I was ecstatic over the outcome of the recent elections because the congress got taken over by a party different from that in the White House ensuring that nothing will get done for at least the next two years. Since anyone who reads my blog will know, I believe that politicians do very little other than cause mischief. At the very least the bad they do outweighs the good by probably four to one, if not even more. So, if they do nothing, we all gain because, while we might lose out on the one good thing, we will be spared the four bad.
I was even more encouraged when I read the piece below by Dick Morris. I think Dickdick-morris.jpg Morris is the single most incisive political expert on the scene today. He was responsible for most of Bill Clinton’s victories and advised him during most of his tenure in the White House. I have heard Morris speak a number of times, I’ve read his books, and never miss one of his newspaper columns. I think, politically, he is brilliant.
Those of us who did not want to see continued Republican control of the House and Senate are lucky that President Bush chose to ignore Morris’s advice and stick with Karl Rove, who, for the first time, seems to have gone tone deaf to the mood of the electorate.
I heard Morris asked what he would do if he were advising Bush on how to keep control of the congress. Morris responded that the people were sick to death of the mess in Iraq and were beginning to blame it all on the Republicans. At the same time, the economy is growing by leaps and bounds and the stock market is at an all time high. And, we’ve not suffered another 9-11 style attack since 9-11. Morris said that he would recommend that Bush ignore Iraq and stress the economy and the lack of terroristic activity. He said that if someone brought up Iraq, that Bush should acknowledge it briefly, say we were making positive strides, then immediately change the topic to the economy. By following this strategy, so Morris believed, Bush would make people realize that economically (the usual reason people vote for a candidate) things were going well.
Instead Bush (who, one assumes, listened to Rove) decided to make Iraq his entire campaign strategy. He (or Rove) felt that if he ‘explained’ it to the voters, they would understand and continue down the path with the Republicans.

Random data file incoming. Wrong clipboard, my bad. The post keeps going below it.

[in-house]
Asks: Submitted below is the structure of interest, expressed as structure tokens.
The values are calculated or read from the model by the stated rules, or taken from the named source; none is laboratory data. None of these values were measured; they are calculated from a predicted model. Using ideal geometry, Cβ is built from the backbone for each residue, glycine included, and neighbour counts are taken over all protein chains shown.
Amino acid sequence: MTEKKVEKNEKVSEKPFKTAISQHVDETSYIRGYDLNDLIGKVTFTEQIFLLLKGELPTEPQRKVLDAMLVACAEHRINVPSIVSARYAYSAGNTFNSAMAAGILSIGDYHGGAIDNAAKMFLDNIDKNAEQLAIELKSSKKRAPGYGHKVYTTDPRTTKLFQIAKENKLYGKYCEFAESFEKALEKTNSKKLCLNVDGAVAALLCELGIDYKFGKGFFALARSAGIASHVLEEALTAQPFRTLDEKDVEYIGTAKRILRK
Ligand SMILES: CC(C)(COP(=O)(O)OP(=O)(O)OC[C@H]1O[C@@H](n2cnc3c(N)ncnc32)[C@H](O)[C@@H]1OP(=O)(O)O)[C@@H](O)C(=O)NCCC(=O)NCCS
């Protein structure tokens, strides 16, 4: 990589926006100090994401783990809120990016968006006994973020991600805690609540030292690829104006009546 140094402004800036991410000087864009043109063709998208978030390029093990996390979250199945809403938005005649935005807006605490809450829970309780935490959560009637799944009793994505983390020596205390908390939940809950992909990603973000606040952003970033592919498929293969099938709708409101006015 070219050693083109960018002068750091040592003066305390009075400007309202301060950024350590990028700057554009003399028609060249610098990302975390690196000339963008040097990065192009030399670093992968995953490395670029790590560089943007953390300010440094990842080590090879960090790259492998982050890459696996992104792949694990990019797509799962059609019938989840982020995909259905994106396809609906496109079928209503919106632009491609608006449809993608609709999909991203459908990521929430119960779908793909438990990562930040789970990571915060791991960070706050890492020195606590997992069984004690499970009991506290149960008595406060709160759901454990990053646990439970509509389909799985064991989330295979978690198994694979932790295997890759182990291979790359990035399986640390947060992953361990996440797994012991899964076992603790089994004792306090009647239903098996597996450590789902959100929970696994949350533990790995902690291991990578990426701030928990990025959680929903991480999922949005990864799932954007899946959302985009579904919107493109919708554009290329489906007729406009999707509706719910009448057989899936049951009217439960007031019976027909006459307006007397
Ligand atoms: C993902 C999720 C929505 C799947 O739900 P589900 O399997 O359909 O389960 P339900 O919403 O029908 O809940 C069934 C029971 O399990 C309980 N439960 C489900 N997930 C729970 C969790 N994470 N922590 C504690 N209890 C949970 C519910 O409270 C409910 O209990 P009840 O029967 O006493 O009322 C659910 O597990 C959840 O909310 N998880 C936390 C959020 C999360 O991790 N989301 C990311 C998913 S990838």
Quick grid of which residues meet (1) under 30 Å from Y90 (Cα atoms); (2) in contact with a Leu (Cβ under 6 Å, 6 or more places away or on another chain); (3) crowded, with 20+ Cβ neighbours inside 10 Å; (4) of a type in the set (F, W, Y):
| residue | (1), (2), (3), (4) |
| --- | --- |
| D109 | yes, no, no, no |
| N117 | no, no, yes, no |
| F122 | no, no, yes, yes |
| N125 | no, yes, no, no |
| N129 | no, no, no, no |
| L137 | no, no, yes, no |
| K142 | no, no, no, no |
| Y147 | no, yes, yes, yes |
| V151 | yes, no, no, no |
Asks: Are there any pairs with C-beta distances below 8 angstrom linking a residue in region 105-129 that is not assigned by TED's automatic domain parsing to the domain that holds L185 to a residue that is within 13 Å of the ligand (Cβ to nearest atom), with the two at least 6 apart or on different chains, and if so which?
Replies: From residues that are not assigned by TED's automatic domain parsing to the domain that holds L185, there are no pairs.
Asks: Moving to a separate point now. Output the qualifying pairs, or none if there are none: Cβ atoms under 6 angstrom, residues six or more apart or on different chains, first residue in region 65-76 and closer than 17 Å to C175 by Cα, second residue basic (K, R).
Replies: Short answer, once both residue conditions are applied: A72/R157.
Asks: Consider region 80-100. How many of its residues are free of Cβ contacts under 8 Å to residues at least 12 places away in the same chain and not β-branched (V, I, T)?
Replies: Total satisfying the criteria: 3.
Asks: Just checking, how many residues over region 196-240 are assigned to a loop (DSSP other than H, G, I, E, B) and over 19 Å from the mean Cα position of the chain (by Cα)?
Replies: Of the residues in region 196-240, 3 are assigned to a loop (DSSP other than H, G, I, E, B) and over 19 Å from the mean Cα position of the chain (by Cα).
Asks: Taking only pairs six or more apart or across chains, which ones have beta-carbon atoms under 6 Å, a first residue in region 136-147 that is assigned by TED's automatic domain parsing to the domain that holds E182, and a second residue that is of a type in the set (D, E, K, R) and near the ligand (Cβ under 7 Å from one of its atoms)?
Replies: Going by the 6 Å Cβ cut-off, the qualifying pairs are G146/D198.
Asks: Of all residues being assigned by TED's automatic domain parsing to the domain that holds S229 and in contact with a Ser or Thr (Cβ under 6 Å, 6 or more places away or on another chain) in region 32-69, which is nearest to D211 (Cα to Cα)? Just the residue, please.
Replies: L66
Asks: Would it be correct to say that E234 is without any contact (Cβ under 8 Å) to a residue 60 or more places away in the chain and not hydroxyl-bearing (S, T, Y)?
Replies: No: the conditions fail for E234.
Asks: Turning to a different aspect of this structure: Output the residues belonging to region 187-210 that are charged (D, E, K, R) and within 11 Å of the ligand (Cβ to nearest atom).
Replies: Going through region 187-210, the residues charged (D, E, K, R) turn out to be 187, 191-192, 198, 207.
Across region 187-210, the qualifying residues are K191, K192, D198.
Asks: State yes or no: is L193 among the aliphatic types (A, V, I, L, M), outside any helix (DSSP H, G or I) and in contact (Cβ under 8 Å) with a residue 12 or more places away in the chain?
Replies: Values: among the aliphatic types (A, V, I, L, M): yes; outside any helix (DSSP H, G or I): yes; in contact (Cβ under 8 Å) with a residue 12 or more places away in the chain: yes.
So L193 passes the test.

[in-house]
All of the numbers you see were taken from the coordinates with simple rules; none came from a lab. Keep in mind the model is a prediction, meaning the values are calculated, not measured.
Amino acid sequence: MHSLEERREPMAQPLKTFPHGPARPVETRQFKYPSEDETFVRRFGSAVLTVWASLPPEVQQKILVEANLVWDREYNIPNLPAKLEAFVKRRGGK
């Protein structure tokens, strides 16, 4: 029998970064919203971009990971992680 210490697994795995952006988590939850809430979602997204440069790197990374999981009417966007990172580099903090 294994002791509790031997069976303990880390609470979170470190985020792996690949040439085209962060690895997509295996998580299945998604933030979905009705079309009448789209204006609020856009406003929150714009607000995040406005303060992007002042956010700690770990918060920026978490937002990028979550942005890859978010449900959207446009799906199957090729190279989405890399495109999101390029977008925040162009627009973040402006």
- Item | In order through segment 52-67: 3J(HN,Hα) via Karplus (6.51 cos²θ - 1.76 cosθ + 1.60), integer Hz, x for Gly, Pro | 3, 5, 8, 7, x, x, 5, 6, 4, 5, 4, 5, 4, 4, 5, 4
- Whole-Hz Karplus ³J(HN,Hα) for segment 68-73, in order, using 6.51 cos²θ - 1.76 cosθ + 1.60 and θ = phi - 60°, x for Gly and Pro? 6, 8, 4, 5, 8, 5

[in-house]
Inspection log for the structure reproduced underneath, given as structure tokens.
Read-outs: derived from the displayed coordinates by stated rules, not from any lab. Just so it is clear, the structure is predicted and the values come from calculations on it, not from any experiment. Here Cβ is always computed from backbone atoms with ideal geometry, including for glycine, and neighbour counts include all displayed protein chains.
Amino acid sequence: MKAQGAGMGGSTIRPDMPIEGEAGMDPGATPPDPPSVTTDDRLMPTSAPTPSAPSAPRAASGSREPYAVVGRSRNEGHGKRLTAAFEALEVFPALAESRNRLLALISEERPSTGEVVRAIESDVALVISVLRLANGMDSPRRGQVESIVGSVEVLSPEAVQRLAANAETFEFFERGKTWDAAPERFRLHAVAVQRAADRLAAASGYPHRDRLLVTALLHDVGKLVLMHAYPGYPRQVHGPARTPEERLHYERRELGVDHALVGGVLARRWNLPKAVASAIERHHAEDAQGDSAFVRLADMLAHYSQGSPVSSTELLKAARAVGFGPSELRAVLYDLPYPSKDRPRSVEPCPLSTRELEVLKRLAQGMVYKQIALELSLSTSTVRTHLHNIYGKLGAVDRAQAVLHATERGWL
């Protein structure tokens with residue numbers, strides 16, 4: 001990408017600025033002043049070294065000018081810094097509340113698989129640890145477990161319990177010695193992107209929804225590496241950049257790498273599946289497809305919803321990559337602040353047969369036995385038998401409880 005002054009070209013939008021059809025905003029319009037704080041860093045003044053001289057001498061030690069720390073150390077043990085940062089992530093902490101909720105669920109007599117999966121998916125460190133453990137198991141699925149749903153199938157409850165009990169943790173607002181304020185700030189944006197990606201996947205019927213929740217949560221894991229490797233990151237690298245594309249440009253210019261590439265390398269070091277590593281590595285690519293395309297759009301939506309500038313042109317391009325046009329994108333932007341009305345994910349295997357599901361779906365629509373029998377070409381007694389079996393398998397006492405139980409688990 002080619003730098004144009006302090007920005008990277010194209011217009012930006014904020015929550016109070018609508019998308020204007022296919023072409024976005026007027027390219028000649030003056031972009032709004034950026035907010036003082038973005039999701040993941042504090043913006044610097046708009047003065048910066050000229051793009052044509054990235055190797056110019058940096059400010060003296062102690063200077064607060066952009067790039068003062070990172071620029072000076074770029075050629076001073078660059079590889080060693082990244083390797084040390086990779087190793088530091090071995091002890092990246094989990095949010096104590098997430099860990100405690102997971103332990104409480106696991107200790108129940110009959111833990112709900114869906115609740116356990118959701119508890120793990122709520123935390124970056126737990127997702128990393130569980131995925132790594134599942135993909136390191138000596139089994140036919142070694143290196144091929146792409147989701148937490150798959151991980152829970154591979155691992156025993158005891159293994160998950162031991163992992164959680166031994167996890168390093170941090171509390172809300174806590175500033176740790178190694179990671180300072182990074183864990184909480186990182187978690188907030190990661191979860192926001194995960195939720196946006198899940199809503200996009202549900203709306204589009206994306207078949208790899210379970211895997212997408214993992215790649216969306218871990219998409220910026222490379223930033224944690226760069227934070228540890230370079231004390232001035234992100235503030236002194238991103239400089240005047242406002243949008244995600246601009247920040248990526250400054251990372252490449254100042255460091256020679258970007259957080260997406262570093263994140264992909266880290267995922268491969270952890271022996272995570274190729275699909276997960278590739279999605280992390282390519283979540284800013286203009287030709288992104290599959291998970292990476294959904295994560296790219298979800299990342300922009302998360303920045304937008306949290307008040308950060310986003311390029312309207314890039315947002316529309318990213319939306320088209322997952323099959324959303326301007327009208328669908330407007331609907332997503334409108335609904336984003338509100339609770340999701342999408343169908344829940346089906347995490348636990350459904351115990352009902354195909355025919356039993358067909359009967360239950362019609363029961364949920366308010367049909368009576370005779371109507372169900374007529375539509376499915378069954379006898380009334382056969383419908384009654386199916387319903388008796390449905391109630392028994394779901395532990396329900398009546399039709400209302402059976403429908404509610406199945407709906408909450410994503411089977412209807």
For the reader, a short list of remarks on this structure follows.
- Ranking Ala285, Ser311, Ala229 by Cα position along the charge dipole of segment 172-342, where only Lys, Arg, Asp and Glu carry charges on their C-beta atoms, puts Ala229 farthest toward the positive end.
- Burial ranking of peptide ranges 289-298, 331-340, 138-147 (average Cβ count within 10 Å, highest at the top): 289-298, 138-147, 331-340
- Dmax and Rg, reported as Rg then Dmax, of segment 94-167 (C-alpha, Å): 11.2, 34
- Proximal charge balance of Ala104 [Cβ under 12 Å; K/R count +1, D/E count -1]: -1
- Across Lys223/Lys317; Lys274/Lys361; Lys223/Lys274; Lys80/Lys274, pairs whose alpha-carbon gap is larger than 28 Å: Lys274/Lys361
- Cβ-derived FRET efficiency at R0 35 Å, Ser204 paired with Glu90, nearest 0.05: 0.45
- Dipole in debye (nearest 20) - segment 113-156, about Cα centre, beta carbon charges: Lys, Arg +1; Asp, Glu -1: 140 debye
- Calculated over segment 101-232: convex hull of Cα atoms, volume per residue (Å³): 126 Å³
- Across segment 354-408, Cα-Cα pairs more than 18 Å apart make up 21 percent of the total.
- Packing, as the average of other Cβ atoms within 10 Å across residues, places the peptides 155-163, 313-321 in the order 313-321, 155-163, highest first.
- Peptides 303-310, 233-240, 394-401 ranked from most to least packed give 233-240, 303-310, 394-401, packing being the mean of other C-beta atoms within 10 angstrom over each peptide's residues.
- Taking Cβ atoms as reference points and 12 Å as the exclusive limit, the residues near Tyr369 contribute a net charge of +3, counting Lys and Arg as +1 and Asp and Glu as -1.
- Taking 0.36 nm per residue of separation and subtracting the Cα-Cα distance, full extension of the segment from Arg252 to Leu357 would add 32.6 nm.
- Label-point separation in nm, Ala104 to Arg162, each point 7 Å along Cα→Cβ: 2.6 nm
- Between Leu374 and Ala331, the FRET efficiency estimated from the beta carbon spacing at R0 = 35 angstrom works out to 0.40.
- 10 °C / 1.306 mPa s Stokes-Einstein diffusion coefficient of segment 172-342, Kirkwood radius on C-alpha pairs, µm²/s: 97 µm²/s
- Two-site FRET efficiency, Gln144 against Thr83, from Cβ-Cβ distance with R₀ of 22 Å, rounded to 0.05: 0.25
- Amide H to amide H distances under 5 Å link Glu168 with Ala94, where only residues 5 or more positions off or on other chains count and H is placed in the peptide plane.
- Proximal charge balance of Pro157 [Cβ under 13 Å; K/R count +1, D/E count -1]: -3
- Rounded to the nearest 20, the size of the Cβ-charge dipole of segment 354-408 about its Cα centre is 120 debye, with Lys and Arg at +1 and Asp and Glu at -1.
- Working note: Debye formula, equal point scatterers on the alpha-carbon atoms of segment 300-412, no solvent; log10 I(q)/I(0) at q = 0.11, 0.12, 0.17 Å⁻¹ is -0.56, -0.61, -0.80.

As we all saw, it didn’t quite work out that way.
I get Morris’s emails a couple of times per week, and this one, which I’m reprinting in its entirety, sums up what will happen with a Democratic congress. It’s even better than I had hoped for.

The Giant, Helpless, Pitiful Democratic Majority
November 24, 2006 — For all of the dire warnings and pre-election commotion about the impact of a Democratic majority in Congress, the fact is that – now that it is upon us – it can do little or nothing but harass the administration.
There is no real danger of any legislative action emerging from this Congress. Yes, the president has a veto the Democrats cannot override, but nothing will ever make it as far as the desk at 1600 Pennsylvania Avenue. House Speaker Nancy Pelosi, D-Calif., and Senate Majority Leader Harry Reid, D-Nev., are just spinning their wheels.
In the Senate, there is no such thing as a majority. Ever since the elder Bush’s administration, the filibuster has become routine. No longer reserved for civil-rights issues or for egregious legislation, it now is used to counter even motions for recess and adjournment. Members of the Senate are no longer subjected to the indignity of standing on their feet and reading a telephone book. Rather, the gentlemen’s filibuster applies.
The majority leader phones the minority leader and asks if a filibuster is in effect. With his feet up on his desk, the Republican replies that it is and the Democrat, despite his majority, does not even think about bringing up his bill for consideration unless he has a good shot at the 60 votes required to shut off debate. In the Senate, 51 votes determine who gets the corner office, but to pass legislation, one needs 60.